You’re now the creative chairman at Priority Records. What do you think the label executives are expecting of you, and how do you plan to deliver?

I’m here to put the spirit back in Priority, bring back some of those older artists who helped make the West Coast sound what it is today. But then they’re also looking to me to go down some new avenues and bring some fresh talent in that will keep the name what it is. My plan is just to attack it. Talent tends to find its way to me when I’m doin’ what I’m doin’—I don’t really have to go looking for it. Long as I go hard at being Snoop Dogg, it’ll come to me. One single at a time, it’s just going to fall in my lap and become big. We just signed the homies Cypress Hill, so we’re off to a good start if you ask me.

Sounds a bit reminiscent of your come-up with Dr. Dre. Are you two still tight? And do you know anything about his Detox album that we don’t?

We still got a great relationship. I had been helping him out on Detox, but then I had to jump back into my thing, so I don’t know when the date is or anything like that. We best of friends and we cool, but I don’t know his thought process. He knows, though, that whatever he needs from me, he got it. I already recorded a lot of songs with him for it—it’s just up to him if he uses them or not. I’m just waiting like everybody else while keeping my business going.

About your business sense: Similar to Jay-Z, you’ve been quite successful in taking on diverse media projects and business ventures while maintaining respect from the streets. Many rappers have failed at that. What’s your secret?

There ain’t no secret. It’s just a matter of me doing what I’m supposed to be doing again. I go at every situation with the love and spirit of having a good time. I do my thing in the corporate world, but I don’t lose my edge. It also helps having good people around you. Like my deal with TomTom. [The TomTom GPS device has a VoiceSkin feature that lets users download celebrity-voiced driving instructions, including a set by Snoop.] It’s a result of me having a good team—a team that’s always looking for new and different ways to grow the image and name of Big Snoop Dogg. I couldn’t do all this without them. But in the end, you build real relationships better, business or personal, when you just be you.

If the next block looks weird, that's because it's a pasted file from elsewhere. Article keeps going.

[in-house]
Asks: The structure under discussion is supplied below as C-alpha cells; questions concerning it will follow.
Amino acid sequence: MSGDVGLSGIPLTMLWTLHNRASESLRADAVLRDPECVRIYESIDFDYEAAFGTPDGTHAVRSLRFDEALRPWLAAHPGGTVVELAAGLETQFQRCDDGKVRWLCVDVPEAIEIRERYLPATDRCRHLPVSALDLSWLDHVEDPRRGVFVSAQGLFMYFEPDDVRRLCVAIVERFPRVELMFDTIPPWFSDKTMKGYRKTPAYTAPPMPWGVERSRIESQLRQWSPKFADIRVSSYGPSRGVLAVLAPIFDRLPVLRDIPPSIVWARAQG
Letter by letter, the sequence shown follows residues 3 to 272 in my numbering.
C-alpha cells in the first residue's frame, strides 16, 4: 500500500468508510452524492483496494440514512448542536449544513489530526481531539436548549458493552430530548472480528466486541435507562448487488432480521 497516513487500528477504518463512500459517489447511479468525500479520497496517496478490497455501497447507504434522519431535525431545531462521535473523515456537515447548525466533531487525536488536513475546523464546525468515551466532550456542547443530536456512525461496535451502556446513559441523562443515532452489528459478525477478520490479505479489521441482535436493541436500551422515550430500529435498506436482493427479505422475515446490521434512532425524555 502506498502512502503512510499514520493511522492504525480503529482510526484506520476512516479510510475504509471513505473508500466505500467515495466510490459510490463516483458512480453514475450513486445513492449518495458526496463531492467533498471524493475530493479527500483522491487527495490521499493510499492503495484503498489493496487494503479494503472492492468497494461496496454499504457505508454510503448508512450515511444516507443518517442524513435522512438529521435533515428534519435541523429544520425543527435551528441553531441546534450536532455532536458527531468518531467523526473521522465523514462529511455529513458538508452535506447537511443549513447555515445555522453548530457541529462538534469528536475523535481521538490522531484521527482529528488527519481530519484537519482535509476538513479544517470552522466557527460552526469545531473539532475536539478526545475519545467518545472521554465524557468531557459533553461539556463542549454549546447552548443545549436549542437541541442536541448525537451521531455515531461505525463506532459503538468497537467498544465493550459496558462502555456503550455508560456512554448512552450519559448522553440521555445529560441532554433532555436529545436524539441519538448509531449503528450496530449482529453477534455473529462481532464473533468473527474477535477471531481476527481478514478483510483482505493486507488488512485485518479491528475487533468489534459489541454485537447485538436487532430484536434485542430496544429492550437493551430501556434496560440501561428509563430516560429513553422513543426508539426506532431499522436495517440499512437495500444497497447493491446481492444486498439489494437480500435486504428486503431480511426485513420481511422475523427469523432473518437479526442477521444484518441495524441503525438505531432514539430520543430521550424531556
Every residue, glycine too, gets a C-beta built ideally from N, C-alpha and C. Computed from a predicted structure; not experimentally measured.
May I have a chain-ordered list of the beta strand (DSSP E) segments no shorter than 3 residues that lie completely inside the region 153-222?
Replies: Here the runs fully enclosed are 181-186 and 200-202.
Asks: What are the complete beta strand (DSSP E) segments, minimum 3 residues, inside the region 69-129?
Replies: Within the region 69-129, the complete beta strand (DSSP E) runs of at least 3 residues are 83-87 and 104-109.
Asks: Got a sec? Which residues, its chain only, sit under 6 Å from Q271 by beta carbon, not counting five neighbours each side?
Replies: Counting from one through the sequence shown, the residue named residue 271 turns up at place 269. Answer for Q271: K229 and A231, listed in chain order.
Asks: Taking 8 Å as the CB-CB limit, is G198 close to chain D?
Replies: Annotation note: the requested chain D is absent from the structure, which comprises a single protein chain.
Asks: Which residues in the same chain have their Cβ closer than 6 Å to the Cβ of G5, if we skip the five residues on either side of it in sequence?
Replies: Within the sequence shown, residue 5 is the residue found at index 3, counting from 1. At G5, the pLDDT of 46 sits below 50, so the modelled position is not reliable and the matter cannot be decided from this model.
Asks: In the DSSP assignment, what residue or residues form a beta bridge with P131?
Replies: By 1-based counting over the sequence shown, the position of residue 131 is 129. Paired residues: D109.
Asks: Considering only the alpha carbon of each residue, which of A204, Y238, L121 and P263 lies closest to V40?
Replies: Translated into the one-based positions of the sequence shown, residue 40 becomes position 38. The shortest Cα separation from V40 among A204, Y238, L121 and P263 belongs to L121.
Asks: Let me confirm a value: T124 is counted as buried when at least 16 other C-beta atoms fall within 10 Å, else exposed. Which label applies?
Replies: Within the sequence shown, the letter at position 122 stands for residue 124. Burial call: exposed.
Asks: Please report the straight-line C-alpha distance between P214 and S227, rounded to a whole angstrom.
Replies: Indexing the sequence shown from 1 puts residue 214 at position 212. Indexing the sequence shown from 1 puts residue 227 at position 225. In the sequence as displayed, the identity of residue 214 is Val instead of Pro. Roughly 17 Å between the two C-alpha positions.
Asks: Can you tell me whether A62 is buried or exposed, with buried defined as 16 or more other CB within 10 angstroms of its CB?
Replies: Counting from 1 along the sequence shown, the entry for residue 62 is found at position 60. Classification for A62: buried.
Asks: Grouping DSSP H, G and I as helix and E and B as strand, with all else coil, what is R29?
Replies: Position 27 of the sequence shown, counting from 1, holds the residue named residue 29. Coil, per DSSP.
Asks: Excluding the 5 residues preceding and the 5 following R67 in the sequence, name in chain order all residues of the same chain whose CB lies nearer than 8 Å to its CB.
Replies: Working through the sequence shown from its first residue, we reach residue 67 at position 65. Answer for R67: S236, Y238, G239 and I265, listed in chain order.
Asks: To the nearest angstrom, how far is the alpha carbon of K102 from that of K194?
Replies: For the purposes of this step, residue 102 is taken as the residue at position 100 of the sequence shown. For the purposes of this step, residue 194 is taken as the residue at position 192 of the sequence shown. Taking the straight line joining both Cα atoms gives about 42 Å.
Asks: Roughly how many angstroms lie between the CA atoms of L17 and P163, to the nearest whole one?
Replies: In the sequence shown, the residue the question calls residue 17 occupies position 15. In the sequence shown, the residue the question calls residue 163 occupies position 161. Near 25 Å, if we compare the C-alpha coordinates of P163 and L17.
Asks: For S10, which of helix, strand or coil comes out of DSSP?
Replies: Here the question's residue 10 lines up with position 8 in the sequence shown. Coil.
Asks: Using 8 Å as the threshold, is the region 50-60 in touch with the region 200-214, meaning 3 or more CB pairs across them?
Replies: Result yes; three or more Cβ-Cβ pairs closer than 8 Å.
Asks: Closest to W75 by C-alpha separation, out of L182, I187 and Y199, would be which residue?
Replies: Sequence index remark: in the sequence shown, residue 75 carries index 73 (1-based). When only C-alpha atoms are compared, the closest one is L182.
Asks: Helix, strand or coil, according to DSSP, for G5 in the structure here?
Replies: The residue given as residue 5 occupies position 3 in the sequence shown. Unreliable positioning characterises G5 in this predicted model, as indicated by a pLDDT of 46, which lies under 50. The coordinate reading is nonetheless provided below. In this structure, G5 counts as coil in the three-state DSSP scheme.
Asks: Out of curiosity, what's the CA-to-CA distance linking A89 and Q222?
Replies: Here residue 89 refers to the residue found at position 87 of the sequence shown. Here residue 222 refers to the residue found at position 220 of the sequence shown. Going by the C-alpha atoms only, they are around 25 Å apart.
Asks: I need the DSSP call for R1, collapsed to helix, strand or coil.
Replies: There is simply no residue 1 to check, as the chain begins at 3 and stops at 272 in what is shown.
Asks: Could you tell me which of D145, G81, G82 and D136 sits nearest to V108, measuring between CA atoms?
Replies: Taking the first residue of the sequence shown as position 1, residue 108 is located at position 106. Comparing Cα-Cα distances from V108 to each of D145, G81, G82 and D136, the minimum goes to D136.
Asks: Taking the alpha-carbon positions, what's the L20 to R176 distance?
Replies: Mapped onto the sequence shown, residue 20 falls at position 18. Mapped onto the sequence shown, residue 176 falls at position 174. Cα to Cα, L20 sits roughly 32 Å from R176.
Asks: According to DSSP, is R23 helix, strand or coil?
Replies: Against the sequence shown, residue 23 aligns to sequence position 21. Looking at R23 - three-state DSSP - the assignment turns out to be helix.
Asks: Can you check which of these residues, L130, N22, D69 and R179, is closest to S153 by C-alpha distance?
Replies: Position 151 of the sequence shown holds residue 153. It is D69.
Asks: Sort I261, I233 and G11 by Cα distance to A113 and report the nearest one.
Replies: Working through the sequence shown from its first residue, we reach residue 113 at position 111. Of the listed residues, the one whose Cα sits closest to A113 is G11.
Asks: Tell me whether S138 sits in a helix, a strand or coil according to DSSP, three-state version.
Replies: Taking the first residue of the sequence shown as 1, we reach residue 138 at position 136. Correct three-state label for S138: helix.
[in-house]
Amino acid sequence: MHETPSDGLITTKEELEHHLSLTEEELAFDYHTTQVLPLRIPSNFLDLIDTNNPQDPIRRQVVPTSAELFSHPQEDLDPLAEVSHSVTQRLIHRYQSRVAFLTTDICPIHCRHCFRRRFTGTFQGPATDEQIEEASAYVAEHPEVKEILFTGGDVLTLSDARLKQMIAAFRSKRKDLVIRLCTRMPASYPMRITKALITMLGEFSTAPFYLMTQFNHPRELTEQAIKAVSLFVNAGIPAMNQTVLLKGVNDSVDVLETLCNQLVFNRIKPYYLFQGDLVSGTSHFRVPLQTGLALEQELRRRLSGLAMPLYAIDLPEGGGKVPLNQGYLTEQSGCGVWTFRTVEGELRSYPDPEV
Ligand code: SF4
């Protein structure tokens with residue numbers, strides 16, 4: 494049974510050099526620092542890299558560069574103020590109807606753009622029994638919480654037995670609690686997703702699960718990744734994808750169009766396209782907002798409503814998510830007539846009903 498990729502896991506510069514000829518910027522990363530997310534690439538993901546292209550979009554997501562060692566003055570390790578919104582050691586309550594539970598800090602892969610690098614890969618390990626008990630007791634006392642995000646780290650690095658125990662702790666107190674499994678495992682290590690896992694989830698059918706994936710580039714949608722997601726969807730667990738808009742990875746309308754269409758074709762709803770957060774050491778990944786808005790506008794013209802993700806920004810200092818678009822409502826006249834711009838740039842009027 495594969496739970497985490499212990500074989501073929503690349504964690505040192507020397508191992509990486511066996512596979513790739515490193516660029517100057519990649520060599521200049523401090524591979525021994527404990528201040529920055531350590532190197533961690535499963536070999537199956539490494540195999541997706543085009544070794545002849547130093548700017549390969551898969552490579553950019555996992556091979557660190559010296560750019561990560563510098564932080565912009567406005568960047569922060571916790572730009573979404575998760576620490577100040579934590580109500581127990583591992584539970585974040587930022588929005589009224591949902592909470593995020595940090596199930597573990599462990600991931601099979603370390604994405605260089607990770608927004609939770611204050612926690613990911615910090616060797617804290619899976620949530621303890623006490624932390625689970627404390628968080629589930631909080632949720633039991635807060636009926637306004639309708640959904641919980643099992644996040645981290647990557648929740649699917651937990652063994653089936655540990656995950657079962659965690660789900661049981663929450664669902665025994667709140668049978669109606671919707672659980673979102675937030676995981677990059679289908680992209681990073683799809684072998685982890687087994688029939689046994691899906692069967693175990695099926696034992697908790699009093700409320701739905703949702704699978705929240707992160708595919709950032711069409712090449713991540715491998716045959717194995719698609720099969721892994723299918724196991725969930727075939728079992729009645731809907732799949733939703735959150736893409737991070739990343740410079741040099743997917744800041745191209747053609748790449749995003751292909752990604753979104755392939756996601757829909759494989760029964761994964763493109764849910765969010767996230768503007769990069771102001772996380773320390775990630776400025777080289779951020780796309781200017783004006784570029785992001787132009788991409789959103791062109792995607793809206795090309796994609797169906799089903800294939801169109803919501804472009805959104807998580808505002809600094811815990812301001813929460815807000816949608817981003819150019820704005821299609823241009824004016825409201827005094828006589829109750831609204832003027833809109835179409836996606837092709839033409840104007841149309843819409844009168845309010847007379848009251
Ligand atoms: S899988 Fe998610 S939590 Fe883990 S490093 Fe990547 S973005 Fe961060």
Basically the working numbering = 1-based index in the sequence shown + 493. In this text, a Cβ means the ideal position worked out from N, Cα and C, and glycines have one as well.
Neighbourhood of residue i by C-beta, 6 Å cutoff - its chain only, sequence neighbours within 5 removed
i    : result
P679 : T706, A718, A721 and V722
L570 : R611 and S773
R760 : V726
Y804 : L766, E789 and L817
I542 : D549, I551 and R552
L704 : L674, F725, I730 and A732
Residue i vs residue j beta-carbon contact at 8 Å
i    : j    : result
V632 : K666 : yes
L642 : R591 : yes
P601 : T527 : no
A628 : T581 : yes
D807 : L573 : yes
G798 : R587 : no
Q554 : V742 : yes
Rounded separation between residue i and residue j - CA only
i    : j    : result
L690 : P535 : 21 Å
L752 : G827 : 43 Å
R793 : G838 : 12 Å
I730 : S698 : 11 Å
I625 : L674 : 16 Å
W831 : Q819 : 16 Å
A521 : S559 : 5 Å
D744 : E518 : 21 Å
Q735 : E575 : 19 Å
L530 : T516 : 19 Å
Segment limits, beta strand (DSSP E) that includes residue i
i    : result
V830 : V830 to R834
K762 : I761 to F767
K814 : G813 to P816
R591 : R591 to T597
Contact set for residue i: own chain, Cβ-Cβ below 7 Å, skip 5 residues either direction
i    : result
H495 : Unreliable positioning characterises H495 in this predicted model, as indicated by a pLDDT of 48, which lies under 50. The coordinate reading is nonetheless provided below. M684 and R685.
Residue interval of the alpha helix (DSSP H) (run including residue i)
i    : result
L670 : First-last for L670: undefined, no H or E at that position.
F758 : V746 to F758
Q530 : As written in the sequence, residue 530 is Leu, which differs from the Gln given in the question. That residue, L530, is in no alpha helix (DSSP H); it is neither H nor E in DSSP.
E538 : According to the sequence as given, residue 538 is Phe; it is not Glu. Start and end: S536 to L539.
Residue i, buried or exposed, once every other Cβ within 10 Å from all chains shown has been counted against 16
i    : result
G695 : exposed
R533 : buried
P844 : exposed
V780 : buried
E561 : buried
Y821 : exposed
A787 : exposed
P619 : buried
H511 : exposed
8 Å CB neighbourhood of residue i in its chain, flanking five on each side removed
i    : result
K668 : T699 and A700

But “just being you” never fails to surprise even your closest followers. Did we hear correctly that you’d like to take over for Oprah when she retires?

Yeah, man, ain’t nobody else gonna do it! It would just be me, being real, bringing out guests and hitting on topics you wouldn’t do on a regular talk show, having a different kind of edge. Everybody wanna be down with Snoop Dogg, so what better way to let ’em do it than through a talk show?
Who would be your first guest?

My first guest? Hmm … damn. Oh! Minister Louis Farrakhan. Yeah, I couldn’t go wrong kickin’ off the show with him.

That’s an ambitious undertaking. Talk show host and football coach? How’s the Snoop Youth Football League been going?